1. Campinas, Sao Paulo State
Population 1.1 million, metropolitan region 2.7 million.
Campinas is the undeniable queen of Brazil’s non-capital economic centres. It is situated in Sao Paulo state, close to the metropolitan region of Sao Paulo city (pop. 20 million) and a 2-hour drive to the state capital (depending on conditions). Nevertheless Campinas has carved out its own position and identity among Brazil’s cities, even in Sao Paulo state.
Campinas has its own international airport, which has just been privatised and is set to be expanded considerably in the next years. Due to the operations of several Brazilian passenger airlines, such as TAM, Gol, Trip and, more recently Azul, which has made Viracopos its main national hub, the airport is now also the third busiest passenger airport in the state of São Paulo. The fast train line TAV is planned to connect São Paulo to Viracopos airport and Campinas, thus enhancing its importance in air transportation in Brazil.
The city has excellent highways running in all directions of Sao Paulo state. It gives access to a huge agribusiness region, it is home to many IT businesses and other national and international entreprises, as well as a range of universities and institutes. The Campinas education level is high. The region is home to many research centers and universities, such as LNLS, CPqD, CenPRA, Embrapa, Unicamp, Facamp and Puccamp.
Campinas’ main economic activities are agriculture (mainly coffee, sugarcane, and cotton), industry (textiles, motorcycles, cars, machinery, agricultural equipment, food and beverages, chemical and petrochemical, pharmaceuticals, paper and cellulose, telecommunications, computers and electronics, etc.), commerce and services. Campinas also boasts the largest number of high-tech business incubators and industrial parks (a total of eight), such as the CIATEC I and II, Softex, TechnoPark, InCamp, Polis, TechTown, Industrial Park of Campinas and others.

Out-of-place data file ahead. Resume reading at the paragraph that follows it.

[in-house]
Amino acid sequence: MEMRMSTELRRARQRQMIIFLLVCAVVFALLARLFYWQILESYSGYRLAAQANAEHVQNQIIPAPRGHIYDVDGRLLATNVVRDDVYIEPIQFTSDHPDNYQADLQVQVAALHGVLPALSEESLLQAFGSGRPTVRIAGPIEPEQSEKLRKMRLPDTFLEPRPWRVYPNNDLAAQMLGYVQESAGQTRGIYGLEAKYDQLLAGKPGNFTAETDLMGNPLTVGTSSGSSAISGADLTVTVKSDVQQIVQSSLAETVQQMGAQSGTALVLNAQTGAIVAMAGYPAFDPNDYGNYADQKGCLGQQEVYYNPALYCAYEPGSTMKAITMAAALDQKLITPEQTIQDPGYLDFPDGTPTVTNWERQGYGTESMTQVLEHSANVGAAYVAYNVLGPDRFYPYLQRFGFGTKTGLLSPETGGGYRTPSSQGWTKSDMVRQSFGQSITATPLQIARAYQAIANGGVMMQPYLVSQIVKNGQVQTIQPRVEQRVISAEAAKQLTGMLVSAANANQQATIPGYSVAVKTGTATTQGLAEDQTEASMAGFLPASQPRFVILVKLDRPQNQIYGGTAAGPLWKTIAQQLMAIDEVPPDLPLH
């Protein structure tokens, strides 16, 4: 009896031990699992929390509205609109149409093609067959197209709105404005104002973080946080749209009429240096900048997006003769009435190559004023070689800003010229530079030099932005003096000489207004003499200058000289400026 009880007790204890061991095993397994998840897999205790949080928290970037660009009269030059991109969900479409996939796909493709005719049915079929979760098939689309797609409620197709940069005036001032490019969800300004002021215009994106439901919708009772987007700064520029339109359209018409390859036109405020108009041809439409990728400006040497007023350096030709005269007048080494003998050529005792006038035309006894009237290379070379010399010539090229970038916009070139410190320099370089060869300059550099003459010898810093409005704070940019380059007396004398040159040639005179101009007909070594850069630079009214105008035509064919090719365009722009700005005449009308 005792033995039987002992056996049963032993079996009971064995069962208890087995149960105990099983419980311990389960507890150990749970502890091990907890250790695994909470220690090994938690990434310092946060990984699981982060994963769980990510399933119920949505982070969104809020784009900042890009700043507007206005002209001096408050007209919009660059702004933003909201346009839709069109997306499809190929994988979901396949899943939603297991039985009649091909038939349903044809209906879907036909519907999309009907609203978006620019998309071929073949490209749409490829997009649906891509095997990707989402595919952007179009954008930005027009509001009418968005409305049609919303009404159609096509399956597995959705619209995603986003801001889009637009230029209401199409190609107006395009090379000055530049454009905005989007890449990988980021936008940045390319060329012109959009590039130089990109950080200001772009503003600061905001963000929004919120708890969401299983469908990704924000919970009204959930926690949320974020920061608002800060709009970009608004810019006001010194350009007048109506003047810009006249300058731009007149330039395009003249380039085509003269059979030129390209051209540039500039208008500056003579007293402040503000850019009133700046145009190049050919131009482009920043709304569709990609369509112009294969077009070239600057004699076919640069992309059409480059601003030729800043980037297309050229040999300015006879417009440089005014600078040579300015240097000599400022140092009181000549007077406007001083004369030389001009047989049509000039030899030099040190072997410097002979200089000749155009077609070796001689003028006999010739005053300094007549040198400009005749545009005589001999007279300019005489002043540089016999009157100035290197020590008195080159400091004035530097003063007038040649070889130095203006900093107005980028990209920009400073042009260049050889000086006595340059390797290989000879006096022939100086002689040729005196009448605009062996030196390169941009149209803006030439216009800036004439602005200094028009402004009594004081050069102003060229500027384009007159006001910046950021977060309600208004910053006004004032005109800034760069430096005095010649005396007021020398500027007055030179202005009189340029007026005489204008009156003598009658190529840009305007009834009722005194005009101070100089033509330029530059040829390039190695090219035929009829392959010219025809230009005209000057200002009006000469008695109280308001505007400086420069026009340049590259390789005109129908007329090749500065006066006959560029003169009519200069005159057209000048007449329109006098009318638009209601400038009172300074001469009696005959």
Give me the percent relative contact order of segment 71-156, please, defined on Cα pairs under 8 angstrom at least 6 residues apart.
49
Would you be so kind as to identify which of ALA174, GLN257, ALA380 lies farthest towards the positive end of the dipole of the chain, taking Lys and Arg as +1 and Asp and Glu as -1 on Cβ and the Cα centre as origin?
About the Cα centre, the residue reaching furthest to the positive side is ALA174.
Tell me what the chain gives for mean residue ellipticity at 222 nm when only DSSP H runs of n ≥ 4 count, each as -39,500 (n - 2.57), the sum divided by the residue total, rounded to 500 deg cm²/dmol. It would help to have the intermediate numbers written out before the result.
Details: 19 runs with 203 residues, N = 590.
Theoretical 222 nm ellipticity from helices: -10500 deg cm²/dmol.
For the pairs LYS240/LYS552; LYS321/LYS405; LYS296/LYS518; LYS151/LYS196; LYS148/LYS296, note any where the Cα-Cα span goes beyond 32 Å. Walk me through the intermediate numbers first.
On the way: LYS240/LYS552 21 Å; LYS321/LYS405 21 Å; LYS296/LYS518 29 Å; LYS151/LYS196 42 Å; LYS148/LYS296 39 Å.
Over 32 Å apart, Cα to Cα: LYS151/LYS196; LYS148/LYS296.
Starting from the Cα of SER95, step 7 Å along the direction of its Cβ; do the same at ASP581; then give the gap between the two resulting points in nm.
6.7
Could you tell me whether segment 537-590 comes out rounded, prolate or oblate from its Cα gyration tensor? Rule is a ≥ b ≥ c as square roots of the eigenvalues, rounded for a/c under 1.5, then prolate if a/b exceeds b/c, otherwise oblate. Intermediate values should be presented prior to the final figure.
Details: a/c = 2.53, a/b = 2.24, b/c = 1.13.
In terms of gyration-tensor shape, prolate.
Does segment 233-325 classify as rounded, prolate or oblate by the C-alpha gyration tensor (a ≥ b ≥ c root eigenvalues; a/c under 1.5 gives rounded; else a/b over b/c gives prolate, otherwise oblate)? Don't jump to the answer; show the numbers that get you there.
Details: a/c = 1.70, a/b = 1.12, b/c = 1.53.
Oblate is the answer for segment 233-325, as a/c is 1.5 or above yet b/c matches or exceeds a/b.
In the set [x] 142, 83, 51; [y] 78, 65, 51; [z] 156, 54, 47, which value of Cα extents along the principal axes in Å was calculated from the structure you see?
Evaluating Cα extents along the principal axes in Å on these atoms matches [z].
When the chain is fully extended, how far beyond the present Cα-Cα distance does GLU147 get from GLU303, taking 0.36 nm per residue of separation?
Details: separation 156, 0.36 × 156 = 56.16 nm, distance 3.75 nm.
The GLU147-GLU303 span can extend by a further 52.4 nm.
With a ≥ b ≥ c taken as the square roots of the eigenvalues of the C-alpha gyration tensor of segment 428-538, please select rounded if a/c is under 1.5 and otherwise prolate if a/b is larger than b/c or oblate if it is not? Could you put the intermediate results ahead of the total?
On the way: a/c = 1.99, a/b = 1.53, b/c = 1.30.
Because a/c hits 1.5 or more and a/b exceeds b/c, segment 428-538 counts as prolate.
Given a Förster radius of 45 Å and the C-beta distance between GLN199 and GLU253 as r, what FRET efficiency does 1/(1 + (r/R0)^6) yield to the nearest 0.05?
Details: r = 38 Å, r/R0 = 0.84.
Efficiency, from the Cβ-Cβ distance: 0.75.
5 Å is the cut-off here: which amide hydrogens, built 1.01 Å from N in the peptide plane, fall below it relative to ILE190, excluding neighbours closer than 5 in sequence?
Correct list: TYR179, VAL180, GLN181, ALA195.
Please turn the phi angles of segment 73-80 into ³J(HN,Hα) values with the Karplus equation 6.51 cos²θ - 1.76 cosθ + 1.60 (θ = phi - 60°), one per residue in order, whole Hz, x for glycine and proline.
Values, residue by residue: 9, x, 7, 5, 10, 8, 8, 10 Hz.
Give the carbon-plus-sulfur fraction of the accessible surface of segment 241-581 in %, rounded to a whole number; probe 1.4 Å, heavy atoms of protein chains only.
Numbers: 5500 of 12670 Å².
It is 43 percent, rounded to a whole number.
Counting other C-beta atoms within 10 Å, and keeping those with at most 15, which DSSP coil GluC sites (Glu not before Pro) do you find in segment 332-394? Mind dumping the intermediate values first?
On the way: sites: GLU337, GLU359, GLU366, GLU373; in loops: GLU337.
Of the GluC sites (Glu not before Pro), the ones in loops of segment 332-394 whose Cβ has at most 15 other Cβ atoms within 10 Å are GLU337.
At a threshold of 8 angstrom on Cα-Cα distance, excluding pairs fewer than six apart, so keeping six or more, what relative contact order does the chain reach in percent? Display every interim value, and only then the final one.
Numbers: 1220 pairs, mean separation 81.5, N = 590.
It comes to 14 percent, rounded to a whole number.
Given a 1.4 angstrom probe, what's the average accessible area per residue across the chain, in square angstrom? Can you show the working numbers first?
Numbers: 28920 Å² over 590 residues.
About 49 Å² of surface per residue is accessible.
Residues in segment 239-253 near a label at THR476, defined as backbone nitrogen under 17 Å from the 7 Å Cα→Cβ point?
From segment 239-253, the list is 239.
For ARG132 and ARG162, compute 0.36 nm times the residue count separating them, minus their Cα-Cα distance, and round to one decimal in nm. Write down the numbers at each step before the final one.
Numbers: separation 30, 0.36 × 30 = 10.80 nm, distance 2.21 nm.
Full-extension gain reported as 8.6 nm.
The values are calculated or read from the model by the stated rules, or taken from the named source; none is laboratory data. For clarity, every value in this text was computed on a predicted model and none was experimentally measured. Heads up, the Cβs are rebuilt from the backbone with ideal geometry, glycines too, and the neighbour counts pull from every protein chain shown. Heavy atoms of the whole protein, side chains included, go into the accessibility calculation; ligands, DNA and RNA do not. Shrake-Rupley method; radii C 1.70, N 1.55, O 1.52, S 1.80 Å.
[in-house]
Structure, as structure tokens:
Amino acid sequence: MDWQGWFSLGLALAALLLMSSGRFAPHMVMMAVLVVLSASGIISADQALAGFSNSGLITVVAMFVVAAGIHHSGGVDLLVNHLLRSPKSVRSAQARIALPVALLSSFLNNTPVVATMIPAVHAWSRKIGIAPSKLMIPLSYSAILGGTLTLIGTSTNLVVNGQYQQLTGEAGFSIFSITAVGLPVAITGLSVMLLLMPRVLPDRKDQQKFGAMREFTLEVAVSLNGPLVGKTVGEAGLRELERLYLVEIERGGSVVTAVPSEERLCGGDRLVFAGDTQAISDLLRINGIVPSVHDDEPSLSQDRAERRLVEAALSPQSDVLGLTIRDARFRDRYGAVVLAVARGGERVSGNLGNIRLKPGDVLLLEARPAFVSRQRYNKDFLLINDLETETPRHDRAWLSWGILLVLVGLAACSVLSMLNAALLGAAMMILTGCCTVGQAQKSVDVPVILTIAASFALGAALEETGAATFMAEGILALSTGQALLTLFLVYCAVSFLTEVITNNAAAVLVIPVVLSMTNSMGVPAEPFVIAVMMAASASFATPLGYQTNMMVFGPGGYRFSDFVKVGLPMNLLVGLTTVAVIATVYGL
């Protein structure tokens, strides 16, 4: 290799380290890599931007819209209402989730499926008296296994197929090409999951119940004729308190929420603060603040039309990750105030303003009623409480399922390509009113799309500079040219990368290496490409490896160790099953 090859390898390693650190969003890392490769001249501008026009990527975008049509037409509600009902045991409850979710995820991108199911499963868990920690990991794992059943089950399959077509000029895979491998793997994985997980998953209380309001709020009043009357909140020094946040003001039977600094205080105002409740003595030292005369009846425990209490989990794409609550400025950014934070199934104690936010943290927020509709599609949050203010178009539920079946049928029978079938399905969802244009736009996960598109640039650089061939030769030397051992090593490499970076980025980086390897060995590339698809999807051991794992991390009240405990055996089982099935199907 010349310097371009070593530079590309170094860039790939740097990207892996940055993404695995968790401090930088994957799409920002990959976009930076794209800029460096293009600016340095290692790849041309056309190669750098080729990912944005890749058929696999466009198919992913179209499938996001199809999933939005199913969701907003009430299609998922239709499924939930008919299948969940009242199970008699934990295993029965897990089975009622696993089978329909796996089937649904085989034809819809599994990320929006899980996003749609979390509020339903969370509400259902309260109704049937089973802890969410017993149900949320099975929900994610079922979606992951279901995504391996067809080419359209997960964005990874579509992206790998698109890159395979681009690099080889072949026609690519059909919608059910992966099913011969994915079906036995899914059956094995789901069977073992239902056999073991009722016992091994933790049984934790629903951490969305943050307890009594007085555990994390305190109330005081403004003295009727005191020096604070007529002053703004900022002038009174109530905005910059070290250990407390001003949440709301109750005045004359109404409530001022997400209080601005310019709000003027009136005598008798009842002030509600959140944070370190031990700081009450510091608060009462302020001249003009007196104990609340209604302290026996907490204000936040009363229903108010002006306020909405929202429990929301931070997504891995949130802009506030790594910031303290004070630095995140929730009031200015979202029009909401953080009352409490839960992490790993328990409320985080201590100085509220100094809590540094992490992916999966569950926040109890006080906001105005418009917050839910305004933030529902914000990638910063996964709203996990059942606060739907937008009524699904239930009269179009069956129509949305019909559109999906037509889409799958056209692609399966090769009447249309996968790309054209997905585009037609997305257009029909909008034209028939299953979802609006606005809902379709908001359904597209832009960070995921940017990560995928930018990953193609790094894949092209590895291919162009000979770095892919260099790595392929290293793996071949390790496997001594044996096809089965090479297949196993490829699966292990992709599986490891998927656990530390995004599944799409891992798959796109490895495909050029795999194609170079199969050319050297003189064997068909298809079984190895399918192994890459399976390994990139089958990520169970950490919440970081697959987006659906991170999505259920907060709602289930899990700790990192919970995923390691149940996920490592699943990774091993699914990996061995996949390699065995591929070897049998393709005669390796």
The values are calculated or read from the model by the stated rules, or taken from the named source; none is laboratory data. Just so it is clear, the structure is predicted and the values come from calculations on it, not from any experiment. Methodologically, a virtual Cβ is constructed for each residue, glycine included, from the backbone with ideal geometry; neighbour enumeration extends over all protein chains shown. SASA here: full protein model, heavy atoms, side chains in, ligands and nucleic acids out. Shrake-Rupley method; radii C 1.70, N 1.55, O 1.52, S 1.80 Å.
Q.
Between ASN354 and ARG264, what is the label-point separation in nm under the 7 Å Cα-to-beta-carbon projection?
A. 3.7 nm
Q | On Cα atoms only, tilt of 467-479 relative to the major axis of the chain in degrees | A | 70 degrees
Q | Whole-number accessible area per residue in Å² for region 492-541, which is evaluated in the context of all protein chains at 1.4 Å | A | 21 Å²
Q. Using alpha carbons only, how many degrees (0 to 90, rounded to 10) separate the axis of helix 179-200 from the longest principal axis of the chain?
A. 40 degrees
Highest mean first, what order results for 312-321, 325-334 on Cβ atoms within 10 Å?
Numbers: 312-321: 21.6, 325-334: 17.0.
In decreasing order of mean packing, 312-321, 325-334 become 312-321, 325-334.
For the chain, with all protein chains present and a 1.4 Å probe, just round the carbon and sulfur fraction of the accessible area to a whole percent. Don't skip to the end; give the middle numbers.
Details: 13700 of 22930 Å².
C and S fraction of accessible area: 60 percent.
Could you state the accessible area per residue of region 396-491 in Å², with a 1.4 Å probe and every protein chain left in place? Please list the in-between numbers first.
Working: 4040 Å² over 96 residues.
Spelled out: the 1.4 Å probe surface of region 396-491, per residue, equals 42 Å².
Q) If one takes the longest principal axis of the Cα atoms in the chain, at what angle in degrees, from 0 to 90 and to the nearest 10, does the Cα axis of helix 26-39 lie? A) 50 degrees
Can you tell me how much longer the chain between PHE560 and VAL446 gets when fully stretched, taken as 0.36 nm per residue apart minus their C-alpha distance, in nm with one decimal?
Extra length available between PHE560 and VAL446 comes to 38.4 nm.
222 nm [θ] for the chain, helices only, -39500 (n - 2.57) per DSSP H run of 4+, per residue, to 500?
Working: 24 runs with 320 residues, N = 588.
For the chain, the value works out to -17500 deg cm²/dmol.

Examples of Campinas-bred technologies are fibre optics for telecommunications and medical applications, integrated circuits design and fabrication, satellite environmental monitoring of natural resources, software for agriculture, digital telephone switches, deep-water oil exploration platforms and technologies, biomedical equipment, medical software, genetic engineering and recombinant DNA technologies for food production and pharmaceutics and food engineering. Because of this, Campinas has been called the Brazilian Silicon Valley.
Cons: the city is so popular with business travellers that it may be hard to find accommodation during the week.
Must know: The Brazilian Pró-Álcool Program was developed in Campinas: a whole industry based on the use of ethanol as a combustible for motor vehicles, including a new sucrose-rich sugarcane, alcohol refineries, a huge distribution system, and, most recently, an internal combustion engine capable of using either gasoline or ethanol.
Read the remainder of the article on The Brazil Weekly from the April 8th 2012 edition. All rights reserved by Brazil Weekly.
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